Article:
Sugar Gives you Wrinkles and 4 Other Things You Didn't Know

February 04, 2014

Thought you knew the top reasons to avoid sugar? Find out the top five things about sugar here

UCSF School of Medicine professor and researcher Dr. Lustig is well known for his fight against sugar.  He believes that obesity, type II diabetes, hypertension, cholesterol issues, and heart disease are all related to the over-consumption of sugar. And over consume we do!

The average American consumes over 130 pounds of sugar a year. Kids consume about 300 calories from added sugars daily, that’s way over the American Heart Association’s recommended intake of less than 150 calories for men and 100 calories for women- the numbers are even lower for kids. This is roughly 6 and 9 teaspoons respectively, or approximately 25 and 37 grams. For reference one 12-ounce can of regular soda contains eight teaspoons of sugar, or 130 calories.

Here are five things you need to know about sugar.

Sugar lowers your immune system. A study demonstrated that the ingestion of 3.5 oz of sugar (glucose, fructose, sucrose, honey, or pasteurized orange juice) impeded the ability of neutrophils to engulf and destroy bacteria (Sanchez et al., 1973 American Journal of Clinical Nutrition). Neutrophil activity was reduced by 50 percent after two hours. The function of the neutrophils was affected; this means that one of our body’s early defenses was asleep at the wheel!  A 50 percent reduction could have a significant impact on health and how often we get sick. To put it into perspective, 1 can of soda = 1.378 oz of sugar.

Sugar may give you wrinkles. Yes sugars can cause an excess of free radicals and deplete your minerals, therefore low levels will be available for your skin. Another process called glycation is increased with sugar intake, in which excess blood sugar binds to collagen in the skin, making it less elastic.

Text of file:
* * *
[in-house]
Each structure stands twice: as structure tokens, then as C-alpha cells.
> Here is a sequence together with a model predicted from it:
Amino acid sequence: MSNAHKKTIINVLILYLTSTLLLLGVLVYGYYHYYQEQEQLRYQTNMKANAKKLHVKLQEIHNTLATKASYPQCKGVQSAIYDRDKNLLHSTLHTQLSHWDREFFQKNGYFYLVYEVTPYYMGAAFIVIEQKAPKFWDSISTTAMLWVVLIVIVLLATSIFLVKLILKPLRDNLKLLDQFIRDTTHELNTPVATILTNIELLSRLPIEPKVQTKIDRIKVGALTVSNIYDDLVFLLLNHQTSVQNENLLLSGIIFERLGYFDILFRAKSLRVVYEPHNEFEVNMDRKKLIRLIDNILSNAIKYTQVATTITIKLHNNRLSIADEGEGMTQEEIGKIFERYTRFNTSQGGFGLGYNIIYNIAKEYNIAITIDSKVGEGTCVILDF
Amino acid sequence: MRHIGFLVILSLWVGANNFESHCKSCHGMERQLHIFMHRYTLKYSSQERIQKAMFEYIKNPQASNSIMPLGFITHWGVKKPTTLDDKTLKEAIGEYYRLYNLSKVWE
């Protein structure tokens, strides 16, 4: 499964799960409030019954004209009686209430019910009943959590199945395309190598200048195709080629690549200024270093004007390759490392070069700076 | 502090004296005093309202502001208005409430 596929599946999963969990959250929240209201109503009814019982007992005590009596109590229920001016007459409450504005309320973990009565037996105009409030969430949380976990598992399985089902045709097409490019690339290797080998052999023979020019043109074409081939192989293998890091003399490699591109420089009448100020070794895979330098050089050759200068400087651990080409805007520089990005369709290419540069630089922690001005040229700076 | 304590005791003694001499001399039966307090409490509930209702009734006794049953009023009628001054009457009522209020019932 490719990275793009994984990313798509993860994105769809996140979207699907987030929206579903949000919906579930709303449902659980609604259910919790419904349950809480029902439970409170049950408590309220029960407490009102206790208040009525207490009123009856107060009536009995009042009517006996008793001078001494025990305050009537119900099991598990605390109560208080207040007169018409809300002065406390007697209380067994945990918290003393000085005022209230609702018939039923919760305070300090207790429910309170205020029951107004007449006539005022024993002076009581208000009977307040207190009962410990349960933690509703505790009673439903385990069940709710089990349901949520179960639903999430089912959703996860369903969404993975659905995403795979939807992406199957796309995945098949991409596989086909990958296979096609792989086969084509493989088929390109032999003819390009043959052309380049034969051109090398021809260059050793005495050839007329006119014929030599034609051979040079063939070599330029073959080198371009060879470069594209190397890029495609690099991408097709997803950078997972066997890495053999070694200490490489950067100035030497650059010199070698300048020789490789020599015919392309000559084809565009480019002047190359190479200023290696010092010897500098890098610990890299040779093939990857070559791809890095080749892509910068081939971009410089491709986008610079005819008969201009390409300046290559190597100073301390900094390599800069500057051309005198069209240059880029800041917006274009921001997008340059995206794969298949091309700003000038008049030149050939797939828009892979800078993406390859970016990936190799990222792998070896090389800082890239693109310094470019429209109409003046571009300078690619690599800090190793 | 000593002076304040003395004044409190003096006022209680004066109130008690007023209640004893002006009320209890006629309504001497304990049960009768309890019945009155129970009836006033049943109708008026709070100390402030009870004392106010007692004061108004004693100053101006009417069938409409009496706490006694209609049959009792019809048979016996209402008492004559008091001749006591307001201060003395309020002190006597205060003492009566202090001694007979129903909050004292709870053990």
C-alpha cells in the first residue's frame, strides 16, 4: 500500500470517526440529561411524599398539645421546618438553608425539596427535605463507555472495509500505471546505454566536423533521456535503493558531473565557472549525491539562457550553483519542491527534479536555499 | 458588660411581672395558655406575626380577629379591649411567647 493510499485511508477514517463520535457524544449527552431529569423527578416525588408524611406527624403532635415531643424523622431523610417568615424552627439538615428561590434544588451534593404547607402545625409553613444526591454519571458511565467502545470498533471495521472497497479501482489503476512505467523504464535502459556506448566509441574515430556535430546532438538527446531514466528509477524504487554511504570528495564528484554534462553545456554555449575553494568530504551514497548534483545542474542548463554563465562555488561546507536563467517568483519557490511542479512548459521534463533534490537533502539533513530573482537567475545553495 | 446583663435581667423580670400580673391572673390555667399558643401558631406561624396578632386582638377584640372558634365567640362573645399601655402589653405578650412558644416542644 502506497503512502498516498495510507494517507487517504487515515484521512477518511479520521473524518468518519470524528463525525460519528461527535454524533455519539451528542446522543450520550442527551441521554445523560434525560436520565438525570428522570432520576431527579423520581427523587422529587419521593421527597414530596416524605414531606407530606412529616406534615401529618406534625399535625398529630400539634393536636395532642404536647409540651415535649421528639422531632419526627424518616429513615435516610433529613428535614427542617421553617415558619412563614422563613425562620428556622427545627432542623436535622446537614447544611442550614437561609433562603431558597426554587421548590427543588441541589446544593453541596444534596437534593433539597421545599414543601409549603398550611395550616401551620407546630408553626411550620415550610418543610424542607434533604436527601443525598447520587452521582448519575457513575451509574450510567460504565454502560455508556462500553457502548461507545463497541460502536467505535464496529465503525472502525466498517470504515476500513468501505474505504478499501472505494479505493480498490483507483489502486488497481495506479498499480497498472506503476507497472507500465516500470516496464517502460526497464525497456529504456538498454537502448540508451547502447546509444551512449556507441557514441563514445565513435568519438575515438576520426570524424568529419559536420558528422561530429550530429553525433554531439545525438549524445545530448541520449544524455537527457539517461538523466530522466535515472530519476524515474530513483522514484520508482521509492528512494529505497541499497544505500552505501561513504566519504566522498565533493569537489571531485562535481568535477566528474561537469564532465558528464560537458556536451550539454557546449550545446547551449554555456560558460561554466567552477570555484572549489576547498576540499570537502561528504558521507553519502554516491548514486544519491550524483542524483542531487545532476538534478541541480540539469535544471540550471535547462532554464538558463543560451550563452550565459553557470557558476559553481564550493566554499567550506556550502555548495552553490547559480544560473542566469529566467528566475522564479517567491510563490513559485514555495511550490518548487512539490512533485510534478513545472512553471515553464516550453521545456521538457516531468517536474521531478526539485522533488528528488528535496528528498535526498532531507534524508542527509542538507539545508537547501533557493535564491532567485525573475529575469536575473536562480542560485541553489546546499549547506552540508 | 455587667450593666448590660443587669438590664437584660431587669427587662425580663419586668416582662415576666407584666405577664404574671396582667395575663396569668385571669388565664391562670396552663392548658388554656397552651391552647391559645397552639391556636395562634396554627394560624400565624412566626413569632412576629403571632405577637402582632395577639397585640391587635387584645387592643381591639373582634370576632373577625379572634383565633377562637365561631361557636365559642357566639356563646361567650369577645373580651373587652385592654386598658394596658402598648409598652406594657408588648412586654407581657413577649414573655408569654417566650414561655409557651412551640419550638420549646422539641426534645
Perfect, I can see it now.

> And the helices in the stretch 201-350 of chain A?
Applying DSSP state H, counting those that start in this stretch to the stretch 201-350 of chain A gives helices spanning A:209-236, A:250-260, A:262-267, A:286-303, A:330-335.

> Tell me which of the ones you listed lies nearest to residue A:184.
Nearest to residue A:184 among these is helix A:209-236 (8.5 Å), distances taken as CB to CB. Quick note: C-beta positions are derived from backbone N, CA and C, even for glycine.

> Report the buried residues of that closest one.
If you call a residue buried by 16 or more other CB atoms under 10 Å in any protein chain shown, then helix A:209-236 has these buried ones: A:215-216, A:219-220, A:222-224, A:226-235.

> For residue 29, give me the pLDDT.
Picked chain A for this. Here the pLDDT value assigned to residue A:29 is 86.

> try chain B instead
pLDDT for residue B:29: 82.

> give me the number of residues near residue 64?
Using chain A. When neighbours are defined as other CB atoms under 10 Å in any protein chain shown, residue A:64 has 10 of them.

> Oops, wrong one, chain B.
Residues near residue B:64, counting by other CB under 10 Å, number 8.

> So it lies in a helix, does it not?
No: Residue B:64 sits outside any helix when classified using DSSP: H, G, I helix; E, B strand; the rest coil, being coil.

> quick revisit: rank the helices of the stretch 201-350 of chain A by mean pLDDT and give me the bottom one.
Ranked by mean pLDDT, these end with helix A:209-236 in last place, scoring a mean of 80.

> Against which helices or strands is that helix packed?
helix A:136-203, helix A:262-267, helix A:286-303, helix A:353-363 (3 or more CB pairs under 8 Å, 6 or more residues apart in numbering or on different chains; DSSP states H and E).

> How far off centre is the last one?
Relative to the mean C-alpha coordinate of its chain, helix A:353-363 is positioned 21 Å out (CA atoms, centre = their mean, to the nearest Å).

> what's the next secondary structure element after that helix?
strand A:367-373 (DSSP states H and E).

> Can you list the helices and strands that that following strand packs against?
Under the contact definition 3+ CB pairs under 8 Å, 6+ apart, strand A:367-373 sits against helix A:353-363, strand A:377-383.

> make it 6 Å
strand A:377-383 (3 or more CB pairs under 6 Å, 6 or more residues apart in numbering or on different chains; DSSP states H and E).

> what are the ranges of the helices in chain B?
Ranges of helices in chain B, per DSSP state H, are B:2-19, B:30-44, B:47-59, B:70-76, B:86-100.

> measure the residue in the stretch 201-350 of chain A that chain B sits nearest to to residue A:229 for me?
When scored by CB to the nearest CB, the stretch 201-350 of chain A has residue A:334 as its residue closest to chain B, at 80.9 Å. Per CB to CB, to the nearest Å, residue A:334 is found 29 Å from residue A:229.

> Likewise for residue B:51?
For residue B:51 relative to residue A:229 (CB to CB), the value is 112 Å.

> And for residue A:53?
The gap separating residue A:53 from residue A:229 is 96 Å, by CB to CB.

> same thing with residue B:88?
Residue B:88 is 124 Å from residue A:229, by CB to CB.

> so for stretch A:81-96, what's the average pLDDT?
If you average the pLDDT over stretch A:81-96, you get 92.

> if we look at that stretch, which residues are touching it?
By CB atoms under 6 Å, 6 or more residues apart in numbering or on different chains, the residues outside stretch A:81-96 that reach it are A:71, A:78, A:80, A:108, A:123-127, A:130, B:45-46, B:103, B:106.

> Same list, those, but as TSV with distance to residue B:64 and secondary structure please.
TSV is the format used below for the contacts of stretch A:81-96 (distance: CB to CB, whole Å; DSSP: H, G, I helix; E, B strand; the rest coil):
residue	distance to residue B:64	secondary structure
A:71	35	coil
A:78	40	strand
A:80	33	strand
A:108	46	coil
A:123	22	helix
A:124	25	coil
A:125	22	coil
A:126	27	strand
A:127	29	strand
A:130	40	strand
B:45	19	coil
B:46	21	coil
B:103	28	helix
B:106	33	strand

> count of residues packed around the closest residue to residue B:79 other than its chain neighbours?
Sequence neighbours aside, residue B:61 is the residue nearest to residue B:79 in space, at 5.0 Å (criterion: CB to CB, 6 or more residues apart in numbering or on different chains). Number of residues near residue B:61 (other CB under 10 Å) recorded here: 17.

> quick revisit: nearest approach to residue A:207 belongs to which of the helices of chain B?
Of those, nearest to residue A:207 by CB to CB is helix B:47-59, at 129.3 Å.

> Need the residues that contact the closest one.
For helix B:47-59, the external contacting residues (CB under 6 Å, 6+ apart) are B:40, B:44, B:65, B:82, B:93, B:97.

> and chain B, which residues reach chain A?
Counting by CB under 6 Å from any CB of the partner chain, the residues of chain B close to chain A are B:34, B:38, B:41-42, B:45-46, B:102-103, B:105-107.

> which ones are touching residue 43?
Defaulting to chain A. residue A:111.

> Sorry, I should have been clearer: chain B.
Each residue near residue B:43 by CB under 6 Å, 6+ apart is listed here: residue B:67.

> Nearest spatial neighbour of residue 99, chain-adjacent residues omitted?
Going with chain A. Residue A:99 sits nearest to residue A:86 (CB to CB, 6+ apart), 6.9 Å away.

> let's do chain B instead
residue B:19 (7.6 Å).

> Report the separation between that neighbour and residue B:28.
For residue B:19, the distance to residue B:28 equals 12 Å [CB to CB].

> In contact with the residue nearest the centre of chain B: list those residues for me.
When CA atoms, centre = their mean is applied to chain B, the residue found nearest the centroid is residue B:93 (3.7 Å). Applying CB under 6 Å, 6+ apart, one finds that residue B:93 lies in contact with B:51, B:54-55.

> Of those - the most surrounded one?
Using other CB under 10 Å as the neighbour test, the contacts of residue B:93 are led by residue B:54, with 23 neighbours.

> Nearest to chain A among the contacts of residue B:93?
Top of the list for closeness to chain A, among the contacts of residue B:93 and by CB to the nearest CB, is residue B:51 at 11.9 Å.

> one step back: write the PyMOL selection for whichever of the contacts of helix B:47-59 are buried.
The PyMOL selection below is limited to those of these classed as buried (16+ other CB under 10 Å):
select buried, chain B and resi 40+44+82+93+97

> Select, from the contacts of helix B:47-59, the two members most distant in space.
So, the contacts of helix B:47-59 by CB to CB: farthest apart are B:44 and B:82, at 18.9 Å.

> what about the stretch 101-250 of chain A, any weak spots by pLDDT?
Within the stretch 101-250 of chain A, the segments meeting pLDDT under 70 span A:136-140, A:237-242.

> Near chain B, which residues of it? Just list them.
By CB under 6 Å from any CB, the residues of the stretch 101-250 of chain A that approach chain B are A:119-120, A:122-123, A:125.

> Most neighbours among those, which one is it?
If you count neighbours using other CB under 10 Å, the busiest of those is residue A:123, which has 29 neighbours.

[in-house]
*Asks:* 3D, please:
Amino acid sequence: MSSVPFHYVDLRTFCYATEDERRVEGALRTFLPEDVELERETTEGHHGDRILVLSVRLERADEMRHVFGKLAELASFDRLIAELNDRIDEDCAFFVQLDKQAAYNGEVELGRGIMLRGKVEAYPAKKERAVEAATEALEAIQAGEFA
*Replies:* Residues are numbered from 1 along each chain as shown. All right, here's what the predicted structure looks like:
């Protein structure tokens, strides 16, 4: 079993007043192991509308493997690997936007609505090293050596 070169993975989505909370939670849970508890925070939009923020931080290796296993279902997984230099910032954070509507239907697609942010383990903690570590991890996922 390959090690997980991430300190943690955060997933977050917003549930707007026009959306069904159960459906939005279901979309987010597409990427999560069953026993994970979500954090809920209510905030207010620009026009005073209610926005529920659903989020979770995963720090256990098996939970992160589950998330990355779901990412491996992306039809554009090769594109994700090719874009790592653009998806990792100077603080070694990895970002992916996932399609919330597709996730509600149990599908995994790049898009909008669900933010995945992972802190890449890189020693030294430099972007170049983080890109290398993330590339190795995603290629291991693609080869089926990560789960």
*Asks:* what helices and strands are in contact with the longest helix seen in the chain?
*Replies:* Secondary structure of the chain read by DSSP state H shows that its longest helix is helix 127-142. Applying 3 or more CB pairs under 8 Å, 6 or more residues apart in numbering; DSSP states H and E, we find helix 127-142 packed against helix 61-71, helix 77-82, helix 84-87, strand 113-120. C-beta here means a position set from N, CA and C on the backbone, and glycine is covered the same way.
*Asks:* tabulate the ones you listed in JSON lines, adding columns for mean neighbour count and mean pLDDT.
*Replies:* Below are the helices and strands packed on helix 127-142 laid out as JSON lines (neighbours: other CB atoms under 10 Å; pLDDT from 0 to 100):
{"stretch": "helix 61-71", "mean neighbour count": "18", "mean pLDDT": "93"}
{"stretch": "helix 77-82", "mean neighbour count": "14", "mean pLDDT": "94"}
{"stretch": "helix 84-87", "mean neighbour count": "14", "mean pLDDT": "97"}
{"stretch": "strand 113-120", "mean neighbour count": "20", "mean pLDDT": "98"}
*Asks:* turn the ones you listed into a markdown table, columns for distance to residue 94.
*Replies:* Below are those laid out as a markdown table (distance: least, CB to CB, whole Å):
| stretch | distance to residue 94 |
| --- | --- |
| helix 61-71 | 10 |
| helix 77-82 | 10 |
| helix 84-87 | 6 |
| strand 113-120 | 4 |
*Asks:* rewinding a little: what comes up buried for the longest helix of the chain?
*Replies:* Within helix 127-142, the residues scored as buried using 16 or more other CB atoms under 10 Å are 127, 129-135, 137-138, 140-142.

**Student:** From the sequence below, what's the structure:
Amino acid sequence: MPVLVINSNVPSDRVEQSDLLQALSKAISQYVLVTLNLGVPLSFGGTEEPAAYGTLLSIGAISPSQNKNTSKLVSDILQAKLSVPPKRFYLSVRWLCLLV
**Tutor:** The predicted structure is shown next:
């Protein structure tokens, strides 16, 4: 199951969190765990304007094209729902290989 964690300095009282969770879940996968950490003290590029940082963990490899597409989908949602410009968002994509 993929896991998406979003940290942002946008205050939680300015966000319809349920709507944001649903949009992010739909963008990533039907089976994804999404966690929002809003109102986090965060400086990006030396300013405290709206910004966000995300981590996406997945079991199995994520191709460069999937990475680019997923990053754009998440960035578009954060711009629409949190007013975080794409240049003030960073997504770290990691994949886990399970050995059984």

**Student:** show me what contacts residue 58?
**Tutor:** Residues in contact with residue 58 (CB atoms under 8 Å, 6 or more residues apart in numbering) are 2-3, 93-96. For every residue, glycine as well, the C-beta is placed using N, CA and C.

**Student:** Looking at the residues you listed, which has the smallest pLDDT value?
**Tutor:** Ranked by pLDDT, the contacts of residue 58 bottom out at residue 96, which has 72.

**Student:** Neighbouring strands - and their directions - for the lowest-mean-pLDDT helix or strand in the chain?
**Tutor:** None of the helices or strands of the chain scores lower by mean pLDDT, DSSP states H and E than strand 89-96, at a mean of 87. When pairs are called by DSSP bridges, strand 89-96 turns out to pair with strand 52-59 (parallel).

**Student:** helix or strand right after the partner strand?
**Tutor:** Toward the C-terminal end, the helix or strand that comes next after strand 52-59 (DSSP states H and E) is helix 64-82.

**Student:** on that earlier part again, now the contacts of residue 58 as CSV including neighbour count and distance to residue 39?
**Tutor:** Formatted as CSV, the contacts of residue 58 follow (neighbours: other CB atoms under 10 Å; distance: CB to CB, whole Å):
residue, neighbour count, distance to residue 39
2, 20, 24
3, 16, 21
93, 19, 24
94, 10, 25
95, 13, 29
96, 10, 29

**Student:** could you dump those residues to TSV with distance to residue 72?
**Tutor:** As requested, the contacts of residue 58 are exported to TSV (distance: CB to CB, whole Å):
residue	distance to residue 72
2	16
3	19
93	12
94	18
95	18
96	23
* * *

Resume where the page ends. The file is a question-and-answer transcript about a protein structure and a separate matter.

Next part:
Can you imagine eating 16 sugar cubes at once? It’s possible you’ve done this with out even knowing. That’s a little less than what is contained in a 20-ounce bottle of cola.

Released this past Monday a study online in JAMA Internal Medicine found that, consuming too much added sugar, from soda, cakes, cookies and candy, increases your risk of death from heart disease. For instance, the study found that people who consumed more than 21 percent of daily calories from added sugar had double the risk of death from heart disease as those who consumed less than 10 percent of calories from added sugars.

Sugar is addicitive! According to Eric Stice, a neuroscientist at the Oregon Research Institute, sugar is addictive and activates the same regions of the brain as addictive substances like cocaine. Yikes! That’s why when you start you just can’t stop!

Here are some suggestion on how to decrease your sugar intake: 

Cut back on the amount of added sugars you consume. This includes, coffee, tea, and breakfast items that you may add syrup or a teaspoon of sugar to (or sweet breakfast items in general!). To start, try cutting the usual amount of sugar you add by half and wean from there. Anther great tip is to remove sugar, and sweeteners from the table and possibly even you cupboard! Also try adding nutrient dense fruits including berries and bananas to sweeten naturally.